In MobiMOOC 2011, I was open to everything and everyone and I made connections there that have lasted straight through to this year (complete with co-authored papers, presentations, etc.). I was fortunate to meet such good people and I fully expect to meet more this year. But I also want to be realistic in how much time I can spend on aspects of social collaboration. Which is a conundrum as most of the energy, the knowledge construction, the learning itself will take place with your fellow participants. They are your greatest assets in this journey. The facilitators are there to provide some skeleton of a structure, ignite the conversation and pitch in when necessary. Participants drive the show. So, for me as a participant, I will look to actively engage on certain topics, read but not respond to others, and answer a few calls for participation on research projects (if there are any). You can choose to lurk and linger and not say anything (a perfectly acceptable form of participation), but engaging as often as possible is more productive. If only for the connections, the collaborations, and the burgeoning network.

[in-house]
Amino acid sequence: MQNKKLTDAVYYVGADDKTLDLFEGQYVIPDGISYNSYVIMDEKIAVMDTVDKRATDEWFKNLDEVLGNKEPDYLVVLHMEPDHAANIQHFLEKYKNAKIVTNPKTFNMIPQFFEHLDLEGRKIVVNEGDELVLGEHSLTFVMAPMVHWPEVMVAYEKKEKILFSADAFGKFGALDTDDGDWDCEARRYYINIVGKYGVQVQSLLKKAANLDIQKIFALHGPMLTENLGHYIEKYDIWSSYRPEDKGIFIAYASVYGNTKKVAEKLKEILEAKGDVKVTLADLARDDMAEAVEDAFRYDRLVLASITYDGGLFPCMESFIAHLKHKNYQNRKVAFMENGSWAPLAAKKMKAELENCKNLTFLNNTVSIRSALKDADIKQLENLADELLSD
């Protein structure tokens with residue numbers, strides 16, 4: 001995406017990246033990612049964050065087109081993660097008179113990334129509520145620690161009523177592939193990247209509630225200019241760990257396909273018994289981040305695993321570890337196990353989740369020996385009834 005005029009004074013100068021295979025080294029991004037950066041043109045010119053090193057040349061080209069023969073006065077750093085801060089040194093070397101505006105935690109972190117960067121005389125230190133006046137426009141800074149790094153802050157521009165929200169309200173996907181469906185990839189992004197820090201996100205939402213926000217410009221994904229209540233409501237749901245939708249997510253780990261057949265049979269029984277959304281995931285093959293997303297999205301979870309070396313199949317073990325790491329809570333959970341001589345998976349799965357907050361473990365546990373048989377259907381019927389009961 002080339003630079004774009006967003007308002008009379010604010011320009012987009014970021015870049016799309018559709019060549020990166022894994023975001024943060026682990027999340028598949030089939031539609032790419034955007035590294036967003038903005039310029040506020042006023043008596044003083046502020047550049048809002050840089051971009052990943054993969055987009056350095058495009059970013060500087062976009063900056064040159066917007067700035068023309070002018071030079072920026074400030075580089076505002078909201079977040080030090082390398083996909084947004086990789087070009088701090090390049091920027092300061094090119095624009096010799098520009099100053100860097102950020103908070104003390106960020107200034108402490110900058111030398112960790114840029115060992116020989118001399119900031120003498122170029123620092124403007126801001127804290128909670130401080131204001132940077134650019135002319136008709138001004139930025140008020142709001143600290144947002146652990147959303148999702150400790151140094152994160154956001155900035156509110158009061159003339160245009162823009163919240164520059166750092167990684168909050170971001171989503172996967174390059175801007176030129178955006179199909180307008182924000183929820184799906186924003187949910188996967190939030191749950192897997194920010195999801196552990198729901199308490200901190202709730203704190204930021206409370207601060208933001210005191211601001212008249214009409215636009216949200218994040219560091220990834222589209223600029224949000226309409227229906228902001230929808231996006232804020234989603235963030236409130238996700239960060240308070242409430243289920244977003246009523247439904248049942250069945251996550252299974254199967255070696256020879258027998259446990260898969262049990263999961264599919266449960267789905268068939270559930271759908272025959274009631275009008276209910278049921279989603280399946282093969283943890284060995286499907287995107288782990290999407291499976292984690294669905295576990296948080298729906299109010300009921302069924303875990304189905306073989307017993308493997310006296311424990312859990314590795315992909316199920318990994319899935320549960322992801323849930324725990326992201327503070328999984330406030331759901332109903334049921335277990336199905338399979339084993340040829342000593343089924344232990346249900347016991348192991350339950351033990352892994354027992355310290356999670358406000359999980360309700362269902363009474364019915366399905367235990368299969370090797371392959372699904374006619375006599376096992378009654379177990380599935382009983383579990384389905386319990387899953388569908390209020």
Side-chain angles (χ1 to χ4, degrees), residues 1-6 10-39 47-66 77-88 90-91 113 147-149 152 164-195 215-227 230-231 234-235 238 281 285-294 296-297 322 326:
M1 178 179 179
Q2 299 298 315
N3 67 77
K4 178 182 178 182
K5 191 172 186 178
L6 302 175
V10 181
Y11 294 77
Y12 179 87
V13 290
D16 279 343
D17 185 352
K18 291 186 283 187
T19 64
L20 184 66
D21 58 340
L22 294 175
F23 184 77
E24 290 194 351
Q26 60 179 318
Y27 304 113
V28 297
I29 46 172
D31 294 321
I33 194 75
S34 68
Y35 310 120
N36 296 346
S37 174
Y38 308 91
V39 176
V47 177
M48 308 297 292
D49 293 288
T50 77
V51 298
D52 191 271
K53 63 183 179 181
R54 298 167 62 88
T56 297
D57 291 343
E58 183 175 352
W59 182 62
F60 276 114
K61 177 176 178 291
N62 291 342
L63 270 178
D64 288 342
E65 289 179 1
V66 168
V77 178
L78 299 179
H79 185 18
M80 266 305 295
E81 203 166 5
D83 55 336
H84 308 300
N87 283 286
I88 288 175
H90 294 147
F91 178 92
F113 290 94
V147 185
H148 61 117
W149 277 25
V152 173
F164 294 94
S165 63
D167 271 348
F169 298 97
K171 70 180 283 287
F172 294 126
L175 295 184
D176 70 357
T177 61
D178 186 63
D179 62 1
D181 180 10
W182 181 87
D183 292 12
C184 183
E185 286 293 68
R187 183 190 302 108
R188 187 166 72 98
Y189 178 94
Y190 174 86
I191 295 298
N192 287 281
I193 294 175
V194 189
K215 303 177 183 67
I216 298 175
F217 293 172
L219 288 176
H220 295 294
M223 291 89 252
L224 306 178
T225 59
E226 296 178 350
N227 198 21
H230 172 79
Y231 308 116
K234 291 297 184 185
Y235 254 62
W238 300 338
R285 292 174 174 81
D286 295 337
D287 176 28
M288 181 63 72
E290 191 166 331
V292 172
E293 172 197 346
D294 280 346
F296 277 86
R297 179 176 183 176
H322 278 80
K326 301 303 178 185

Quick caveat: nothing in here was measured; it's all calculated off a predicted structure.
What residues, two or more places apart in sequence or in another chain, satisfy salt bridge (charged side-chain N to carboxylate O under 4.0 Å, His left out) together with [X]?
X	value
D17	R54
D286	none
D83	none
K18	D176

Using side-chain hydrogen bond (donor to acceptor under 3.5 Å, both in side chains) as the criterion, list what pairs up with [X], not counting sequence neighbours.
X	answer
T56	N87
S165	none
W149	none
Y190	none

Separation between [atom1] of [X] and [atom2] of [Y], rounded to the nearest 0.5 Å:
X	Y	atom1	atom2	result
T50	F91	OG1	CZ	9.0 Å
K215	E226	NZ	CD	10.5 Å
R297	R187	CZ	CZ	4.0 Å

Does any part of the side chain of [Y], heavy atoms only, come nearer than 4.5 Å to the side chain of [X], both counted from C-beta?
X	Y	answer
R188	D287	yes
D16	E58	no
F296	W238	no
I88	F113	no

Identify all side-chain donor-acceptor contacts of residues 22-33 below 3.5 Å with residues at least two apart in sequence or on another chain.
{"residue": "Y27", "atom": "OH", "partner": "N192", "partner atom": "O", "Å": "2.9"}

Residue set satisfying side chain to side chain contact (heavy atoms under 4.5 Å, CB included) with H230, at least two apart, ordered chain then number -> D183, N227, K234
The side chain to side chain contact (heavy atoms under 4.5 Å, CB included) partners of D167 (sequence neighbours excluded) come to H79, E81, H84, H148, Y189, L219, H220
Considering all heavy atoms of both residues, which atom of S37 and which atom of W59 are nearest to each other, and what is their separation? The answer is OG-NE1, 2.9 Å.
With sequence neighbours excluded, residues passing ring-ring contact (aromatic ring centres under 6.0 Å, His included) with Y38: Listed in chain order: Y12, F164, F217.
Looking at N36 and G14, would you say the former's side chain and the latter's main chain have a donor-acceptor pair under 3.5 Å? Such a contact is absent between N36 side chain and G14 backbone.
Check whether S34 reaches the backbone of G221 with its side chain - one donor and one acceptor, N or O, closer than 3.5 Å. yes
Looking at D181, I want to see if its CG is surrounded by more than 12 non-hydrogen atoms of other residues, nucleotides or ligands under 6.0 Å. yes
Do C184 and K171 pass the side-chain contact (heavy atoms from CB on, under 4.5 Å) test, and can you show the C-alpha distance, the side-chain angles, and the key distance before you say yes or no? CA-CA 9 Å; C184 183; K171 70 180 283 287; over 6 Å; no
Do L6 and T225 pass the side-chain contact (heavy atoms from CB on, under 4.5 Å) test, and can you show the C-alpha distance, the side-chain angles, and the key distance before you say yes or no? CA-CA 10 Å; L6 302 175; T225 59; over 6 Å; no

Friendwheel: Facebook Connections

Personal Learning Objectives

So, my reflection here  basically summarizes my thinking that I want to learn the following:

Global Issues with mLearning (with John Traxler) 

  • What does ‘intervention’ with mlearning look like? Is it warranted? In this section, I am hoping to have some discussions on examples from around the world on what successful mlearning projects do to respect/reflect the cultural context in which they work.
  • I would love to learn of some non-English examples of mlearning and have a discussion of localization/best practices.
  • I would like to explore the possibility of some research networks that could be constructed (with fellow MobiMOOC participants) around these topics. This is where I am most looking to collaborate with others on projects outside the course structure.